Sometimes, when the sun has gone to bed,
a can of words opens in my head,
too tired to stop them wriggling across my brain,
they leave slime and detritus, worry and pain,
a blot on the landscape of my weary creativity.
I carry them with me up the creaky
stairs and, as soon as my head hits the pillow, (unaware
that those wormy words are still wriggling there)
I fall asleep. Into the depths of darkness, they squirm,
aerating the soil of my dreams, crumbling from firm
to soft and mushy, fertile ground for words to flower
into stories and poetry. Long past the witching hour,
they blossom in the dark, their petals soft and scented,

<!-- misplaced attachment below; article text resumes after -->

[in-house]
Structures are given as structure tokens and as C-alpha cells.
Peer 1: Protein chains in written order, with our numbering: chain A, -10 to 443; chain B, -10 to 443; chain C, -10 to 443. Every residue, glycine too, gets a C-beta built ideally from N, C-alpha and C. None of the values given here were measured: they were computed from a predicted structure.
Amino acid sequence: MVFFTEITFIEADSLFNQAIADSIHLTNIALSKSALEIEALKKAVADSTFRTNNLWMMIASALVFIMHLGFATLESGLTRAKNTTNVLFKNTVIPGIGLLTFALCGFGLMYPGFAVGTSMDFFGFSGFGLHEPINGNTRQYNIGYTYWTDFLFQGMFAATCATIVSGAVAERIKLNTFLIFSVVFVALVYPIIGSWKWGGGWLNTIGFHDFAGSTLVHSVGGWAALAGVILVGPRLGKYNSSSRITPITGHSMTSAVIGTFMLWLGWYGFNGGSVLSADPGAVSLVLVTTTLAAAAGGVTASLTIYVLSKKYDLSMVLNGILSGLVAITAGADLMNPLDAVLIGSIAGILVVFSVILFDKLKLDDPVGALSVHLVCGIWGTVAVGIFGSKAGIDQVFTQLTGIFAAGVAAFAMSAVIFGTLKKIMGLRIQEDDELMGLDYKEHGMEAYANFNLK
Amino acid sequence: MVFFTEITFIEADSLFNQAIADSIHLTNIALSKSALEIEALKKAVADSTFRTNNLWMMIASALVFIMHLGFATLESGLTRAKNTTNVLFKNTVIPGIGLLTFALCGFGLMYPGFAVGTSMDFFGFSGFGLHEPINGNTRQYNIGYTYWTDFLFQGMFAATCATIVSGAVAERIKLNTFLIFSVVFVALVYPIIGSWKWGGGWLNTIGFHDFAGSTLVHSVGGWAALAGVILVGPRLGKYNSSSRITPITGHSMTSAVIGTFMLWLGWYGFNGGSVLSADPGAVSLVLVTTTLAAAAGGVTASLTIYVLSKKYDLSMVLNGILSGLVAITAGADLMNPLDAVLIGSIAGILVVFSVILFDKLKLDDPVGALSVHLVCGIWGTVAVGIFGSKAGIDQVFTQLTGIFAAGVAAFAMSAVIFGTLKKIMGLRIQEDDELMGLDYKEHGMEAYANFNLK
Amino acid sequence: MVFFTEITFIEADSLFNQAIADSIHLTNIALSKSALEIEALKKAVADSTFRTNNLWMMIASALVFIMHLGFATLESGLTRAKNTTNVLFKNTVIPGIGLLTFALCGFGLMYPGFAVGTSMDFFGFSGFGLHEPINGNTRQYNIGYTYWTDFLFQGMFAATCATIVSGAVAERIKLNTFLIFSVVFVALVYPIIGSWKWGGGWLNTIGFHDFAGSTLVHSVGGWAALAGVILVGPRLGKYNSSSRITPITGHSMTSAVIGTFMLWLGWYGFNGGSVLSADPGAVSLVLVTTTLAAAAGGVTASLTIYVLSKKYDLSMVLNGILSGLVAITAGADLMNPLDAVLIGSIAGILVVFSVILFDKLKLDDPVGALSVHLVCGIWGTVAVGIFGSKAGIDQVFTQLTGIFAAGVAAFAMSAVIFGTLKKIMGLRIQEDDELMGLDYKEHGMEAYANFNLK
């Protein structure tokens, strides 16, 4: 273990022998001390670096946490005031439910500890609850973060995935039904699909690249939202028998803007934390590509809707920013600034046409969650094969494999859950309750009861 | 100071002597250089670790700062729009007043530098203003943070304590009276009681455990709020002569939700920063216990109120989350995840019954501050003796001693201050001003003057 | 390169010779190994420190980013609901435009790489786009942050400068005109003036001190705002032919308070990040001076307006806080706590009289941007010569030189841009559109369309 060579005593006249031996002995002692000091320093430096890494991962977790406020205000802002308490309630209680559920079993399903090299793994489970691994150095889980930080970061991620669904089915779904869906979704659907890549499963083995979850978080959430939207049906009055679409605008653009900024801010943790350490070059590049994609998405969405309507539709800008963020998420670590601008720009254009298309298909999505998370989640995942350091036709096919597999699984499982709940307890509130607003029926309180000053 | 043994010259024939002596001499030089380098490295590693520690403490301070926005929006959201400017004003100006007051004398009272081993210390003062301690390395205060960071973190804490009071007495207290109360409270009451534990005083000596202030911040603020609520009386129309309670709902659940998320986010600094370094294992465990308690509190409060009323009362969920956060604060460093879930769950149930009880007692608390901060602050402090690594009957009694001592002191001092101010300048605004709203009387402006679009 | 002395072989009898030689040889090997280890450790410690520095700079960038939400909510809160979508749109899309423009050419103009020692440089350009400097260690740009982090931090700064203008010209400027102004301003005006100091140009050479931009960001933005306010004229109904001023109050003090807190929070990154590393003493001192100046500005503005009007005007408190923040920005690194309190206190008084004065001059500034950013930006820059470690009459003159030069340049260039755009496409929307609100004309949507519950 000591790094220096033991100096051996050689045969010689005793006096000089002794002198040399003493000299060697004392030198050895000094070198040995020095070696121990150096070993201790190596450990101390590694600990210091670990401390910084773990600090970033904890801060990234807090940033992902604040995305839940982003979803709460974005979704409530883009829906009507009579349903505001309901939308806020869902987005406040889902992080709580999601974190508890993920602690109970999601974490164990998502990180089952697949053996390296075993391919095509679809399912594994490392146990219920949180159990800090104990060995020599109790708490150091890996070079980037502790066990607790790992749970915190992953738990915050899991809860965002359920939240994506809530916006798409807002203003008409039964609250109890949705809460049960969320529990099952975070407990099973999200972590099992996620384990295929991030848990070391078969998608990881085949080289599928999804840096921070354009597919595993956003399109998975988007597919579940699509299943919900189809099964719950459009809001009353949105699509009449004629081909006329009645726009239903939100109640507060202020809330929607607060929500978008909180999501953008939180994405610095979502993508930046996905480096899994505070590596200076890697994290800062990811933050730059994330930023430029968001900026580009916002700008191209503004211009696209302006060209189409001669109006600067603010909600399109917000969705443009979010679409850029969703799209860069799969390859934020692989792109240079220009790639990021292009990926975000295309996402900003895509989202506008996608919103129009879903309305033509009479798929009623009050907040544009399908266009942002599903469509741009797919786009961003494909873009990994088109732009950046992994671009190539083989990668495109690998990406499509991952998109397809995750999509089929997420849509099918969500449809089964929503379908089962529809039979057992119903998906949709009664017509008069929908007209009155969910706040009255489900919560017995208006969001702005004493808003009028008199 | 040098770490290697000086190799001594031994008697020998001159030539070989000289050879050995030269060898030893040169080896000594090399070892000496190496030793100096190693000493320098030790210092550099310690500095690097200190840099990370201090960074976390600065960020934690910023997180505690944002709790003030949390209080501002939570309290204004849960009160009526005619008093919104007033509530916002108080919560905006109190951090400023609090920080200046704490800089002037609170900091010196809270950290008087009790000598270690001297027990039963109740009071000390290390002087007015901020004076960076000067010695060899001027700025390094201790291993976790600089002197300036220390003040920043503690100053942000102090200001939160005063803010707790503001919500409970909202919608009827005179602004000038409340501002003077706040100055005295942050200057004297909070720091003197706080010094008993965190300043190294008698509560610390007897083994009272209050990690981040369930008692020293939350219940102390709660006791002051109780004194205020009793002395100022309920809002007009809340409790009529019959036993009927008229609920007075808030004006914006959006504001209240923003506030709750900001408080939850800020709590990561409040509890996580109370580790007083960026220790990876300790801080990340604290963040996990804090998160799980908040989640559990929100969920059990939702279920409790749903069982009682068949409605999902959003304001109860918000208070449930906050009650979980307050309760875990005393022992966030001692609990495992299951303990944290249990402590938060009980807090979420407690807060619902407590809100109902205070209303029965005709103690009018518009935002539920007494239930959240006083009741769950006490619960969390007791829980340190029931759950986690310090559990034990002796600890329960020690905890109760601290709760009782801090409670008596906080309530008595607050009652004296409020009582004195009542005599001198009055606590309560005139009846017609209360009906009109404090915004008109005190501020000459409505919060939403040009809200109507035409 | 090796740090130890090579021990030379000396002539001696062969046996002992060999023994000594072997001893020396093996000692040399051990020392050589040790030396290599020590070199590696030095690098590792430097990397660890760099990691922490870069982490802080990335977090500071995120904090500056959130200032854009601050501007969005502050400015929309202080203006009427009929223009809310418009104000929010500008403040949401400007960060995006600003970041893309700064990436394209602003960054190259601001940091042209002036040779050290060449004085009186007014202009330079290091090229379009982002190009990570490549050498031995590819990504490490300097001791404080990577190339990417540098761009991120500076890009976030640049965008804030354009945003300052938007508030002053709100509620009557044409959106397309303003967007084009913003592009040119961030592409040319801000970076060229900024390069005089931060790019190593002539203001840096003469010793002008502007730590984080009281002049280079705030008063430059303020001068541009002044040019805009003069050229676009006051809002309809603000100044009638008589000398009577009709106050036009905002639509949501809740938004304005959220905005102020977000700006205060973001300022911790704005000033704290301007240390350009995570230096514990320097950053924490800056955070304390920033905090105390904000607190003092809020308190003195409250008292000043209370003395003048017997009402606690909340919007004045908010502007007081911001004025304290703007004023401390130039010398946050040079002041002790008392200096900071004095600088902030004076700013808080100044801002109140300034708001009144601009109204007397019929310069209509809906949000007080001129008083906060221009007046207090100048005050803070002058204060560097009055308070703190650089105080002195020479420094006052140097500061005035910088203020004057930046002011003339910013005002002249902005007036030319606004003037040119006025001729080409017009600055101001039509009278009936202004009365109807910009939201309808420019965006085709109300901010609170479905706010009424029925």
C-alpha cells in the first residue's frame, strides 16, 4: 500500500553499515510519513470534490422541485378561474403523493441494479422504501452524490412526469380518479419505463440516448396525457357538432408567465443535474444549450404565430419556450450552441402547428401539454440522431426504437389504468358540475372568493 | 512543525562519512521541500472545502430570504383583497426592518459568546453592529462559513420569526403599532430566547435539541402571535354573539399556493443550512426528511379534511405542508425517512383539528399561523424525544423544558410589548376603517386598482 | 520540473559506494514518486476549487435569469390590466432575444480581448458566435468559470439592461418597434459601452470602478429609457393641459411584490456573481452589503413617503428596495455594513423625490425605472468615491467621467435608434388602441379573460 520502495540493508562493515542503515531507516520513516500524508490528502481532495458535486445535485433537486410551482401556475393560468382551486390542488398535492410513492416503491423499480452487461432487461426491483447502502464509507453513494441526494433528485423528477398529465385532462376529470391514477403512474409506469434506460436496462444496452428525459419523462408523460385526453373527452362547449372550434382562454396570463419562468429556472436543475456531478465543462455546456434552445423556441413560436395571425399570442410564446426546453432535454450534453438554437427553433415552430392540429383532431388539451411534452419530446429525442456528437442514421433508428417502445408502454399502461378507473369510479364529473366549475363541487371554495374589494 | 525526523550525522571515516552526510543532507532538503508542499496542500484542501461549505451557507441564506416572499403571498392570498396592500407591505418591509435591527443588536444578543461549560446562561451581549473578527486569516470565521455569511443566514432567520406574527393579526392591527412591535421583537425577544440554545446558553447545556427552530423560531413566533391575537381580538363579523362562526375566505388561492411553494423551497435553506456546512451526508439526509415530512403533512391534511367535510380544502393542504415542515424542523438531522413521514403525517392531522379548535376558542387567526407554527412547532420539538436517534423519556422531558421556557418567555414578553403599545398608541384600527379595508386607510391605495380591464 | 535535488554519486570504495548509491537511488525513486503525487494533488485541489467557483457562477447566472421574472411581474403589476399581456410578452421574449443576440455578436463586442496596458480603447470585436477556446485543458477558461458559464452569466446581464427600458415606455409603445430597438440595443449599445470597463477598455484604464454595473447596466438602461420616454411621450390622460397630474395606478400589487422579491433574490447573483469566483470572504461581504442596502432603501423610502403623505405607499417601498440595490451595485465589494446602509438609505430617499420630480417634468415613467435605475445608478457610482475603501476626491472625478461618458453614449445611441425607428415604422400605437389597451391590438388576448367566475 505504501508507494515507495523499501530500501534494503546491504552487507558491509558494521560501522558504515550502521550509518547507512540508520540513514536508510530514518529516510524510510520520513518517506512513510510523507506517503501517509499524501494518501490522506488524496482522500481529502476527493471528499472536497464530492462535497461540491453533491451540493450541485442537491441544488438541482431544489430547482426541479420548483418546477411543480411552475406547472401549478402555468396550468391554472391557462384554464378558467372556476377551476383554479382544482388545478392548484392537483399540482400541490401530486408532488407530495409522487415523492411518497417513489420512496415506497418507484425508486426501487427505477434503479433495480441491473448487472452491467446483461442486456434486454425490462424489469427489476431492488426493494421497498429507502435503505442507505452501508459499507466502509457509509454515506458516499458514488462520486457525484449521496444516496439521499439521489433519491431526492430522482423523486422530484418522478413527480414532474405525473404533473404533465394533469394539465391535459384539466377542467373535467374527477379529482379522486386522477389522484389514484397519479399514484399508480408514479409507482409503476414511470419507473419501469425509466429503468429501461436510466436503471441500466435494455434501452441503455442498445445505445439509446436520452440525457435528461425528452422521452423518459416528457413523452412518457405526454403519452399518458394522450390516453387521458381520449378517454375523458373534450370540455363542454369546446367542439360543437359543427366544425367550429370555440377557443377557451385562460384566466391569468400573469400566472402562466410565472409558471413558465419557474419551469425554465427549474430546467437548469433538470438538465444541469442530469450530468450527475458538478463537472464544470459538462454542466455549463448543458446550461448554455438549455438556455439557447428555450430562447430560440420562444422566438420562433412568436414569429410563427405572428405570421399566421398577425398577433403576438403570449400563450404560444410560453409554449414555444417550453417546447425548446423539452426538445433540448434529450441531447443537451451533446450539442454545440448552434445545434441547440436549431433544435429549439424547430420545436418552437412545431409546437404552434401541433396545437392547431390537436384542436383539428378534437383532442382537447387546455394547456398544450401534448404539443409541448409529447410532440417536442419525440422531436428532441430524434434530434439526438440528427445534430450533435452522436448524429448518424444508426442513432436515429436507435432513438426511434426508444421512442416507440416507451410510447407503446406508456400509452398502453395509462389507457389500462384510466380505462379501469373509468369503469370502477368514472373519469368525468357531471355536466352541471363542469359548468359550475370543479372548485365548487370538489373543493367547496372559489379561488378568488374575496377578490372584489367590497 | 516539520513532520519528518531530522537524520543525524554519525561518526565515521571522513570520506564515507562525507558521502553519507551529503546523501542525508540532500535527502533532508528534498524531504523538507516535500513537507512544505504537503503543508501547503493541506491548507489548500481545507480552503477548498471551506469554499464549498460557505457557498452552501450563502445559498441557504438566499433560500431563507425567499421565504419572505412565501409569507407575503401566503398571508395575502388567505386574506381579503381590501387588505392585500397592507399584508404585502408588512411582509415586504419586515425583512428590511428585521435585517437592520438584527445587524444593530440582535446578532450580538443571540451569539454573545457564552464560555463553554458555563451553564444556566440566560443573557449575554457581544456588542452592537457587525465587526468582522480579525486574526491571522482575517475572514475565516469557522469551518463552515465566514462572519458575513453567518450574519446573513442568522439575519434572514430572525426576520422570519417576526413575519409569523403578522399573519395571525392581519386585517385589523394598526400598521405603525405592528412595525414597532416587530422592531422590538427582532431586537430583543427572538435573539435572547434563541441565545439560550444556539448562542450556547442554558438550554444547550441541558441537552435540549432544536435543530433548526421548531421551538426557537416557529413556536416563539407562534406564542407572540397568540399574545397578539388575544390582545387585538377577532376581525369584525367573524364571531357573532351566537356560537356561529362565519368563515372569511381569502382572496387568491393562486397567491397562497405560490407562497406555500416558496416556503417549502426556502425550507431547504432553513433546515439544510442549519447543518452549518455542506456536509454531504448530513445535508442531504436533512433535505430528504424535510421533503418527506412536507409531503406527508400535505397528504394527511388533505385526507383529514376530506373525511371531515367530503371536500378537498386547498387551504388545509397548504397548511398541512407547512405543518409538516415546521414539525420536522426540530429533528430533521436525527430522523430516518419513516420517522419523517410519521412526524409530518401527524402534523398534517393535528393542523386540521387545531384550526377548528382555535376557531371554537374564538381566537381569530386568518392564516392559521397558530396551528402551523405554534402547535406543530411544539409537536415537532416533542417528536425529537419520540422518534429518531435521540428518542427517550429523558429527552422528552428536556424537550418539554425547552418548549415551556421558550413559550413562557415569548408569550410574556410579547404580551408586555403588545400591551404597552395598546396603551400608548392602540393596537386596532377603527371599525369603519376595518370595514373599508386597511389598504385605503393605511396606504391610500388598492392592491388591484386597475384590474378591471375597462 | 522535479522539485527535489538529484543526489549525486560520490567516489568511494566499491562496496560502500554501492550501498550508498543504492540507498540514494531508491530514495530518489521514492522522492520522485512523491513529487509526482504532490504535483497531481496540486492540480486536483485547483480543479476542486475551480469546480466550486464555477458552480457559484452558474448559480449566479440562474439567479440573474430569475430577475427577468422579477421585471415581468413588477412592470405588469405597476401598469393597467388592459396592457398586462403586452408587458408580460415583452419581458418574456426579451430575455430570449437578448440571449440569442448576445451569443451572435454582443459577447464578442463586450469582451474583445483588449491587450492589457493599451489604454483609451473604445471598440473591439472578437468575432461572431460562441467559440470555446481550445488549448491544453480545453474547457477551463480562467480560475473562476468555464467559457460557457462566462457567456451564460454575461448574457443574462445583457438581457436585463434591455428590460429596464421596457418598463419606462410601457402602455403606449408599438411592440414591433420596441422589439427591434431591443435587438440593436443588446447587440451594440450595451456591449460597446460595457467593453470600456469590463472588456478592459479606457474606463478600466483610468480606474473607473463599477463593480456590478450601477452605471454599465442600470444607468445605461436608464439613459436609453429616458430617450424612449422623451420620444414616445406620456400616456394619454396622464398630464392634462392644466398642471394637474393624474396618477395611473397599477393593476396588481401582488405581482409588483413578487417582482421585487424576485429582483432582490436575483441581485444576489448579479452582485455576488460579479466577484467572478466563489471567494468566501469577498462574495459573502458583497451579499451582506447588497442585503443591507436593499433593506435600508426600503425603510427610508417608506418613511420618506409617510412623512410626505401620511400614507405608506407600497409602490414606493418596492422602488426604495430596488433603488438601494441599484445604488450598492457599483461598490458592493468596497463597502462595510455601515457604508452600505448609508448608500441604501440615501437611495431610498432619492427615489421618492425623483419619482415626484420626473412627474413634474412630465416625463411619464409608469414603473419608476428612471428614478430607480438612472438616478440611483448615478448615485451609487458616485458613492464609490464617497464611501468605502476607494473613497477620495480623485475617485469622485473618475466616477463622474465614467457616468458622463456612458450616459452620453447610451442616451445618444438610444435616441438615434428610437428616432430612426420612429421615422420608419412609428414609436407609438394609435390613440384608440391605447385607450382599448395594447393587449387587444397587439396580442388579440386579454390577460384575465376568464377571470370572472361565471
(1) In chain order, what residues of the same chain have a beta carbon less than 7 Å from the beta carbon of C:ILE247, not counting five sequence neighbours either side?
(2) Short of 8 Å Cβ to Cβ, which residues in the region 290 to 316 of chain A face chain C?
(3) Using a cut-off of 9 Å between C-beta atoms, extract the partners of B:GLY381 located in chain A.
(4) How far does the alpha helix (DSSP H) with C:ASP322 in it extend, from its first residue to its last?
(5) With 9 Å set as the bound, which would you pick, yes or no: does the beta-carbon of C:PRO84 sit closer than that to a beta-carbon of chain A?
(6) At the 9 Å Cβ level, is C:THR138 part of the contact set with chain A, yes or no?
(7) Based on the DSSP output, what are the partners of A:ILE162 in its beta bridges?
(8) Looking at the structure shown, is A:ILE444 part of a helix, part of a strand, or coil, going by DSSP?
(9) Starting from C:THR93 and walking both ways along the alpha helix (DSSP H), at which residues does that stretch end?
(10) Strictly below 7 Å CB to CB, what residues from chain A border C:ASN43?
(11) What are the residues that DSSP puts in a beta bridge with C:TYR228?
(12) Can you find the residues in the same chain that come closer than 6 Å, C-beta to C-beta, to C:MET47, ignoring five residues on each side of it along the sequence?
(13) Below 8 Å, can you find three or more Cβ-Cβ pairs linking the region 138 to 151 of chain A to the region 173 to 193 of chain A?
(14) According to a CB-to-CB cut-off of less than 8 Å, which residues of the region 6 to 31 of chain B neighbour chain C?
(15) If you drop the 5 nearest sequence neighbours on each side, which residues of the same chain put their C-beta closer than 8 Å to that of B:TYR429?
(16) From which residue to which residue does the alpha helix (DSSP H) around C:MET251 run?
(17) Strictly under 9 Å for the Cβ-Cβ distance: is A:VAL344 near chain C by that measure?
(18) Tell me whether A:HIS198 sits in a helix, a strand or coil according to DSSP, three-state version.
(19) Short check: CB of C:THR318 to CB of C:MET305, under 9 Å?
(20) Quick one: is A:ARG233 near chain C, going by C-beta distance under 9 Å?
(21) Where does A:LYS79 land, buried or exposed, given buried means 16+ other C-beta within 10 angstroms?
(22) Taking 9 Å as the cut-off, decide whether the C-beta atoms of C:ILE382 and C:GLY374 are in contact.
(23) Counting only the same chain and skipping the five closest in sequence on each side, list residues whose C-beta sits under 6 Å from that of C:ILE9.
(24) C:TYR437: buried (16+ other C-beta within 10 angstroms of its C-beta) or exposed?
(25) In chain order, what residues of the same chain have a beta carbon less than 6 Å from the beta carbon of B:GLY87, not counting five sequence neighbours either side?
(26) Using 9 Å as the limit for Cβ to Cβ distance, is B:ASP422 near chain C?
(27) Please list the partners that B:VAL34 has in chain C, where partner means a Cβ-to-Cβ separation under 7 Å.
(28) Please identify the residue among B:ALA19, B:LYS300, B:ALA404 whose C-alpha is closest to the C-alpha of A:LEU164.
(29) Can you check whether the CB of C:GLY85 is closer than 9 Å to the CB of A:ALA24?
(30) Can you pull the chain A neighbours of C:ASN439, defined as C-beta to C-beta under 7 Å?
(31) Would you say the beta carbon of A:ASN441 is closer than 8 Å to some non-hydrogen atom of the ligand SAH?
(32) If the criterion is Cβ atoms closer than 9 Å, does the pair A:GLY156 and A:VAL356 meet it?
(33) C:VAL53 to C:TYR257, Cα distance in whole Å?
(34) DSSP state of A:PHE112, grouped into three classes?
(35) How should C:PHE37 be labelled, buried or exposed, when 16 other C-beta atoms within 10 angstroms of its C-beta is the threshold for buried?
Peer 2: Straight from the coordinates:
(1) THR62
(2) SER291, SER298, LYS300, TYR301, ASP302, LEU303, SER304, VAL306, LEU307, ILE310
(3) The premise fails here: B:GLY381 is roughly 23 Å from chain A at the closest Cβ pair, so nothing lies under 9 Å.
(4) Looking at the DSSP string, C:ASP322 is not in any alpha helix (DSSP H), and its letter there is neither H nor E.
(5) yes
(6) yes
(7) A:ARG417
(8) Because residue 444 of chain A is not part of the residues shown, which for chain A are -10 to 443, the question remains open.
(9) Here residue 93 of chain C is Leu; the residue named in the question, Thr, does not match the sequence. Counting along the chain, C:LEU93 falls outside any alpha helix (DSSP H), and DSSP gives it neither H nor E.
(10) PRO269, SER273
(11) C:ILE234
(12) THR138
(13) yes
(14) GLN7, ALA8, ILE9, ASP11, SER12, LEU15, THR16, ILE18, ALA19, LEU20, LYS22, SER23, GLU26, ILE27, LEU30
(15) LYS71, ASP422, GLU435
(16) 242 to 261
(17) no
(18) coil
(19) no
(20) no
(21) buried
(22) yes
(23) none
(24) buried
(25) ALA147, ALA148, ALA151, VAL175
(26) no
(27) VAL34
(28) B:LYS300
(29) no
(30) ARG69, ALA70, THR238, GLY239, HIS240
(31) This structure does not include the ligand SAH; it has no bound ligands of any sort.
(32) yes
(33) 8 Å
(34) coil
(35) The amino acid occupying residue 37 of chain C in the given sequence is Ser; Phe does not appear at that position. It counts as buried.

beauties and beasts waiting to be regimented
into sentence and paragraph, line and stanza –
a poet’s imagination is a word extravaganza.
Kim M. Russell, 12th February 2020
Magaly has been running on her trampoline and talking to her fairy godchild about cliché, which she says is the place ‘where exhausted phrases go to die’ – I love that It metamorphosed into today’s prompt, in which we are taking one or more clichés and turning them into new poetry or prose (stories, articles, letters, etc.). I chose ‘the sun has gone to bed’, ‘a blot on the landscape’, ‘can of worms’, and ‘as soon as my head hits the pillow’, and the whimsical worms did the rest!